Yet if we care to look around us, the expat has been responsible for many positive socio-economic changes. For example, with their help most parents now live a better life in a better house, many of them have travelled across the world to visit their children. Others have acquired European (read the once-dreaded white) sons- and daughters-in-law, thus bringing inter-racial coexistence and harmony closer home.

Notwithstanding it remains a sad reflection of our egotistic, ungrateful society that resident Mauritians are generally quite anti-expatriate. Come over, enjoy your holiday, and go back whence you came is the insidious message that is transmitted—especially if the expat shows the slightest sign of settling in a job here. Loads have tried and have had to give up in the face of the antagonism from locals. Unable or unwilling to handle the discrimination in their own country and cope with the local work ethic (not always kosha: think on peut arranger les choses!), they simply return to their adopted country where they are judged on merit and ability to deliver. MRU must be the only country in the world where its own citizens get a worst service/welcome than foreigners.

Overseas Citizen of India (OCI)

Although the Constitution of India does not allow for the holding of dual nationality, the OCI scheme was introduced by The Citizenship Amendment ACT 2005 to satisfy demands for dual citizenship by the Indian diaspora.

Barring Bangladeshi and Pakistani citizens, anyone who is a child, grandchild or great grandchild of an Indian citizen is eligible for an OCI. Foreign spouses of Indian citizens may also apply after 2 years of their marriage. As far as MRU is concerned, the last Mauritians of Indian descent to be eligible for an OCI are the baby-boomers—because they fall in the category of great grandchild. The generations after them are obviously only eligible if their parents have applied for and received an OCI.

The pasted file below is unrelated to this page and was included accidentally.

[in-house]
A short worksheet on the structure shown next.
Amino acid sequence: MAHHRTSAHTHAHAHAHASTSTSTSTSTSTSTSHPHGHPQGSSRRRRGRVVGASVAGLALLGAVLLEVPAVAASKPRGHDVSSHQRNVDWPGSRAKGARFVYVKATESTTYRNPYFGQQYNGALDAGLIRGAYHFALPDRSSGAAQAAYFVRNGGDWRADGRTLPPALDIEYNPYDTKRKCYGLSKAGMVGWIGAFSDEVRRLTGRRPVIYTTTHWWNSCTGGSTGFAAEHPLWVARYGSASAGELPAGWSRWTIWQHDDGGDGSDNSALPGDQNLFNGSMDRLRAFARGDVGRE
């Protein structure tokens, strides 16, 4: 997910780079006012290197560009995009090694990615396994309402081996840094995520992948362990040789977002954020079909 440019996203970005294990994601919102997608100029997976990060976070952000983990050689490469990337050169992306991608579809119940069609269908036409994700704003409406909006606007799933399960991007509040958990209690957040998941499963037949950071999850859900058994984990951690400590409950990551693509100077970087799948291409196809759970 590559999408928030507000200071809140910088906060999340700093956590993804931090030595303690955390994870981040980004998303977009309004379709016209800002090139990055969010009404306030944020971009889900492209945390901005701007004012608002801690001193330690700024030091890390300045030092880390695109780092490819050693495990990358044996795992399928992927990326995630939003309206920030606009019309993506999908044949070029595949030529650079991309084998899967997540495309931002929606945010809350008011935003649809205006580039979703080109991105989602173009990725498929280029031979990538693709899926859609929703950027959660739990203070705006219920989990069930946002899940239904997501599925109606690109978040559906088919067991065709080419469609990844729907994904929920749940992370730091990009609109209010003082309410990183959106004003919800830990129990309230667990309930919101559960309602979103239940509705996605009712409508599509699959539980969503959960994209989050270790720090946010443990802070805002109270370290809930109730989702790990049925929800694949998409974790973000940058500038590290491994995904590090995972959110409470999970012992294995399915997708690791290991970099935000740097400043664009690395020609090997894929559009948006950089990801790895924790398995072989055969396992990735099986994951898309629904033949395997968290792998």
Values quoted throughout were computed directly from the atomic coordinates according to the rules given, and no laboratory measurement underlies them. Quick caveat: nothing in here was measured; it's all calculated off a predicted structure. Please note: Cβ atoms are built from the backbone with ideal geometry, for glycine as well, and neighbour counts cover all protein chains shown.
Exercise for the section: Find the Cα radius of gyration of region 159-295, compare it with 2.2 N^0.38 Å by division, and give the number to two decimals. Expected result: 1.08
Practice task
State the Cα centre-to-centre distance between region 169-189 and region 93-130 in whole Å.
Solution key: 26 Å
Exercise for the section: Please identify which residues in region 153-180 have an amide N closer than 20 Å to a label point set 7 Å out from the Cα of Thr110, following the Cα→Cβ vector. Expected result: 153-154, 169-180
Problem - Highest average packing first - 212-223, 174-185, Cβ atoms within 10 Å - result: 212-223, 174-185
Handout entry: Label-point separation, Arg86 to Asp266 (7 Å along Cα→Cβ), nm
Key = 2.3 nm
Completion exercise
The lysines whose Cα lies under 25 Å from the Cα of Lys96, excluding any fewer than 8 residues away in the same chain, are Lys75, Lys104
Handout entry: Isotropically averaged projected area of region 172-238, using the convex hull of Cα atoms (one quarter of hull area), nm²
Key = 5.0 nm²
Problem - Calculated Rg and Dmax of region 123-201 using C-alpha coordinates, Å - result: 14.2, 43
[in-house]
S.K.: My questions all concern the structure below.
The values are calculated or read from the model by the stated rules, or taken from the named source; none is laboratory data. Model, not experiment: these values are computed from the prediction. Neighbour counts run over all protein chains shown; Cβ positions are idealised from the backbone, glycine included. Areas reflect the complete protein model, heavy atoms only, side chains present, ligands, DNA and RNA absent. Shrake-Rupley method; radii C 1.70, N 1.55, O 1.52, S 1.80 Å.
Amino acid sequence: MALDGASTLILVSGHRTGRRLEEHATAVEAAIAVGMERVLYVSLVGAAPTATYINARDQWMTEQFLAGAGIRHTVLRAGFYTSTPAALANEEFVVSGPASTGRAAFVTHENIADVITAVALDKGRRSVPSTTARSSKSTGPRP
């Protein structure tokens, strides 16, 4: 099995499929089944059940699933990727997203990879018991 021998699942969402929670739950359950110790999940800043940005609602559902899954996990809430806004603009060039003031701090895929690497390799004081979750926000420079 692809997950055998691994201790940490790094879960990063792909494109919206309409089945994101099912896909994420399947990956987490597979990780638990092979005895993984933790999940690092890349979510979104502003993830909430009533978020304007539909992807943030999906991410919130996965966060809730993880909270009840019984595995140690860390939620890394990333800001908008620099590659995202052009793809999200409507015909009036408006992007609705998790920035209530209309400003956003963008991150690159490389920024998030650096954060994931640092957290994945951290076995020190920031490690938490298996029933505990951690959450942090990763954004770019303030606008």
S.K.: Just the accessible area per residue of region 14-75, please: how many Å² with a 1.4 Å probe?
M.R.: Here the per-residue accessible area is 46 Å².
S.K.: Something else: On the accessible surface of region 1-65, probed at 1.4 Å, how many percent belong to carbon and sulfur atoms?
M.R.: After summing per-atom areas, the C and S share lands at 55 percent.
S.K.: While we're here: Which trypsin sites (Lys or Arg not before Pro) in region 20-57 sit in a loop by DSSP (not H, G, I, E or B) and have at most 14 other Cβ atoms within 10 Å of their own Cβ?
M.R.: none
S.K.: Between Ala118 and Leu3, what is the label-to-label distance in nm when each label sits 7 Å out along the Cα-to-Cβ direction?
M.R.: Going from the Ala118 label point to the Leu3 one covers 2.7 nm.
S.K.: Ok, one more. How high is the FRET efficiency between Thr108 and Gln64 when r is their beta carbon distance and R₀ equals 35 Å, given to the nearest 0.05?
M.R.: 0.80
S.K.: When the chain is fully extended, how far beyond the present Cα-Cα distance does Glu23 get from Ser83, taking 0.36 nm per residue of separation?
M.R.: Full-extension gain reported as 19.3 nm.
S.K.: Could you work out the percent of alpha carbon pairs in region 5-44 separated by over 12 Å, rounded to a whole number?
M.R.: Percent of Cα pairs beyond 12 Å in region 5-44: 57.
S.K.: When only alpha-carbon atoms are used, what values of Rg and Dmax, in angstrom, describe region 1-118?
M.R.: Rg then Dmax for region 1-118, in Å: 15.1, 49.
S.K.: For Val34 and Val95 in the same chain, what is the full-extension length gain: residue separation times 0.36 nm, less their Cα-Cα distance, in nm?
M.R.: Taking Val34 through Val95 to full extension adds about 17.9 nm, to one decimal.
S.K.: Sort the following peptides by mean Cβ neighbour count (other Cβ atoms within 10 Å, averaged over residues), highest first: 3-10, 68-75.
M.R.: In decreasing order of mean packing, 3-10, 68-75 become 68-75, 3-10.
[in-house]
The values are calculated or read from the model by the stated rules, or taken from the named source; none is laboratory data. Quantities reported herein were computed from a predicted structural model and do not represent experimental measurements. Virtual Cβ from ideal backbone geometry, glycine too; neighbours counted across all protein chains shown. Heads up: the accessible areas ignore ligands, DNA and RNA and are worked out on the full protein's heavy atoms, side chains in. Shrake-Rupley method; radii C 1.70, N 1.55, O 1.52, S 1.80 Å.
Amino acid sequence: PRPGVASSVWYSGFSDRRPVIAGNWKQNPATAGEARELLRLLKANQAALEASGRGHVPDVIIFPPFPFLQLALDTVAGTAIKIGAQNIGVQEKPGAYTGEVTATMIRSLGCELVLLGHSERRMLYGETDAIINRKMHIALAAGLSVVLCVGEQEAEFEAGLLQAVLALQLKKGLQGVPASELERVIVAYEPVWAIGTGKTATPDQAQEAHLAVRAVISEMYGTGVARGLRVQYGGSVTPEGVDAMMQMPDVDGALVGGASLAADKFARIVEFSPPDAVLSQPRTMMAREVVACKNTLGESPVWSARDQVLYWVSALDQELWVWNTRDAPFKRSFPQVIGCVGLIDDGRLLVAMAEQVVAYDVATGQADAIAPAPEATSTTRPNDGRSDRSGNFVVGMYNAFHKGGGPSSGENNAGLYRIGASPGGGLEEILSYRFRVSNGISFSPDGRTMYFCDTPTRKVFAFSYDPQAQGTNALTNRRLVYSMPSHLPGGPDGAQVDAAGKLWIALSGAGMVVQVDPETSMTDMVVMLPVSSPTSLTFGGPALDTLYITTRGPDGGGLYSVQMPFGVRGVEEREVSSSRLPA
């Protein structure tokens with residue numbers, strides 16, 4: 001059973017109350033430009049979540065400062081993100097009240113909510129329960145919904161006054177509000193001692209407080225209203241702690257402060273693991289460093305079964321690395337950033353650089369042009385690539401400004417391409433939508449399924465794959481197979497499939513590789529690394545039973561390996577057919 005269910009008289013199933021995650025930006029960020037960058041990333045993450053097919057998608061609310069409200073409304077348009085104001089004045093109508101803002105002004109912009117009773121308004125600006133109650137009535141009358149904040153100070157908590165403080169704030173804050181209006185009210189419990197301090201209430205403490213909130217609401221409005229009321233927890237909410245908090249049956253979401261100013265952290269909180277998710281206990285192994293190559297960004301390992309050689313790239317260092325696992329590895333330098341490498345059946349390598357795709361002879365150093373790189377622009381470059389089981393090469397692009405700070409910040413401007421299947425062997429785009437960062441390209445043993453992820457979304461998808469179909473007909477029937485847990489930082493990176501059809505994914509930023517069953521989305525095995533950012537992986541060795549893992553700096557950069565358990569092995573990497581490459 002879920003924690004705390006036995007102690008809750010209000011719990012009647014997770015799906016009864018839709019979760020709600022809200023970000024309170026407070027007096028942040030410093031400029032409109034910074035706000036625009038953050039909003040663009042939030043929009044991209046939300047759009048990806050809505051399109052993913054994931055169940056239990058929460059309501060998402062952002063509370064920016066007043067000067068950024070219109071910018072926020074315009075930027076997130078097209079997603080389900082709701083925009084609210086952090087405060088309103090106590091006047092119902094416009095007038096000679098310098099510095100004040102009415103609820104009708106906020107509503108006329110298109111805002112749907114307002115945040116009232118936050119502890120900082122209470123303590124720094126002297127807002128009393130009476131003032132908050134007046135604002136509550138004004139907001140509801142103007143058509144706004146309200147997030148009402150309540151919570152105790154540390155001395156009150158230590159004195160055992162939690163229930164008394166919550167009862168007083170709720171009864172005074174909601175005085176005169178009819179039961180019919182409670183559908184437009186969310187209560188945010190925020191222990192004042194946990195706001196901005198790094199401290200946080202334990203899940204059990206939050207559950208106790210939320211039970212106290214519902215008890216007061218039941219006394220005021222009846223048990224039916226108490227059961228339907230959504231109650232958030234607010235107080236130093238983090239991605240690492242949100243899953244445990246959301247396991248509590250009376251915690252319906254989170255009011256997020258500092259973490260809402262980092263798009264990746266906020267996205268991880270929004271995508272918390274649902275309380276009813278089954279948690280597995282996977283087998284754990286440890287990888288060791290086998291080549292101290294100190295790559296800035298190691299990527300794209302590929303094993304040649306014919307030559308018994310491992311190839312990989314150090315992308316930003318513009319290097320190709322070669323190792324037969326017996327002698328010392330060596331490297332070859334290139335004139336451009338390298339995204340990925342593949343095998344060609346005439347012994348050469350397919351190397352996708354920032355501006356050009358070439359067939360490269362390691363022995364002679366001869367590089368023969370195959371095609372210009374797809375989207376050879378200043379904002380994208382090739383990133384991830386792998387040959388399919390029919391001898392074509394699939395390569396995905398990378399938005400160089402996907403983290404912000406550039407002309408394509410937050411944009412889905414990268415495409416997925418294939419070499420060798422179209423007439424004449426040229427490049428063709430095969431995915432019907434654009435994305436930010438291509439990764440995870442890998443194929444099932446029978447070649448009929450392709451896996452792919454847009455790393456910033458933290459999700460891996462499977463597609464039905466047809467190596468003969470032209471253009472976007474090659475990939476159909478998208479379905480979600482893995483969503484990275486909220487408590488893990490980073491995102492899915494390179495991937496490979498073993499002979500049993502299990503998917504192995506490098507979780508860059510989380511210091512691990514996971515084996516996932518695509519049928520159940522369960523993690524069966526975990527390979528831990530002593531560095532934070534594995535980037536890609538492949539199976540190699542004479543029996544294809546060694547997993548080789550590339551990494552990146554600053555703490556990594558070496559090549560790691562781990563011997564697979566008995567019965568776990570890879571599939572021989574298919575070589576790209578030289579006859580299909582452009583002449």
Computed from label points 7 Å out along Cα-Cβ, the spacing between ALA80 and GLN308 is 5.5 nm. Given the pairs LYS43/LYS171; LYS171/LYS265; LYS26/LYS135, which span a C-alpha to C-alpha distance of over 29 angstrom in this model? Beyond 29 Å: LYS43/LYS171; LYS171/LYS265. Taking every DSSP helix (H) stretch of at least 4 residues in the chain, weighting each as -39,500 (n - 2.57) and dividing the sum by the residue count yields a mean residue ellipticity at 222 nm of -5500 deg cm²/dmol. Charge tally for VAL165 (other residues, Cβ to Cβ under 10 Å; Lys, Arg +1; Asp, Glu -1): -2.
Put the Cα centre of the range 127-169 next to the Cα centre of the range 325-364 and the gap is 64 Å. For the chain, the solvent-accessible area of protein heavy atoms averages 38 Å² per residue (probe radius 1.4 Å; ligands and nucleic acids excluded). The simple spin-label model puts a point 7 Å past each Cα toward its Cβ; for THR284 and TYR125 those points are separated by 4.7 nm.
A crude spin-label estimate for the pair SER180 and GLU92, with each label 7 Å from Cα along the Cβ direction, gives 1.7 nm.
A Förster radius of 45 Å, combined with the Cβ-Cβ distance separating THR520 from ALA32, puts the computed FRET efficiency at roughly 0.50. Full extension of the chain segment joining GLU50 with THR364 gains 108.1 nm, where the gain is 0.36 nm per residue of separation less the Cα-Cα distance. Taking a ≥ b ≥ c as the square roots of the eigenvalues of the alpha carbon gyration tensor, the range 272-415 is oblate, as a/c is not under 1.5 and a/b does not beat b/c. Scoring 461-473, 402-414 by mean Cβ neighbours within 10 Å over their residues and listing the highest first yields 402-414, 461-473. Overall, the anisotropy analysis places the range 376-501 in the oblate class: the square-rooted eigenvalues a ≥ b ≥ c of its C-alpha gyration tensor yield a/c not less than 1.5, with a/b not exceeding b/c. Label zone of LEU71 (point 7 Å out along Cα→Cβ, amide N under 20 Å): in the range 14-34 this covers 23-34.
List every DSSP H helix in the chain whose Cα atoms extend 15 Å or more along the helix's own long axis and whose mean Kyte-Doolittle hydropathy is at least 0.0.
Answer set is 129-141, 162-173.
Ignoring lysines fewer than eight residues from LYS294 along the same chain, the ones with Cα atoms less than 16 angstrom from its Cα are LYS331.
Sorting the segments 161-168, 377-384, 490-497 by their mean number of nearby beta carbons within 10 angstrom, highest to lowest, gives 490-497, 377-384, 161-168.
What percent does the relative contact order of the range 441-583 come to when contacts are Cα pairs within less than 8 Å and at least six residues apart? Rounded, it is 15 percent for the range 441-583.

An OCI holder does not need to apply for an entry visa to India, and has the same rights as a NRI in matters concerning financial, economic, educational and property acquisition. In short he has the same right as a resident Indian except the right to vote in any election. Why this restriction is beyond my comprehension. Because as much as dual nationality is beneficial to the diaspora, there are benefits to mother India too in that she can tap into the capital of the diaspora, both intellectual and material.

Why not an OCM?

Thus one may wonder what is holding back the authorities from enacting an Overseas Citizen of Mauritius Act, which would not only allow MRU expatriates who hold a foreign nationality, but also their spouses, children and grandchildren to become fully fledged citizens of MRU.

Indeed we can go one better than India. Unlike the Indian position, as far as I know, the MRU constitution does not prevent MRU citizens from holding more than one nationality. Thus an OCM holder should be able to enjoy the same rights as the resident citizen, including the right to vote in general elections for one or maybe two itinerant MPs to represent their interest in Parliament.

The time for action is now. With each passing day, the first generation expats are getting older. Some have already passed away. With them gone without an OCM card, future generations will have to go through the same lengthy and not uncomplicated route as the OCI to prove their bona fide. As a consequence, like most Indo-Mauritians, they will just not make the effort—because considered too arduous. Obviously this will be their sad loss, but the greater loser will be the Republic of Mauritius!

 

  • Published in print edition on 25 August 2017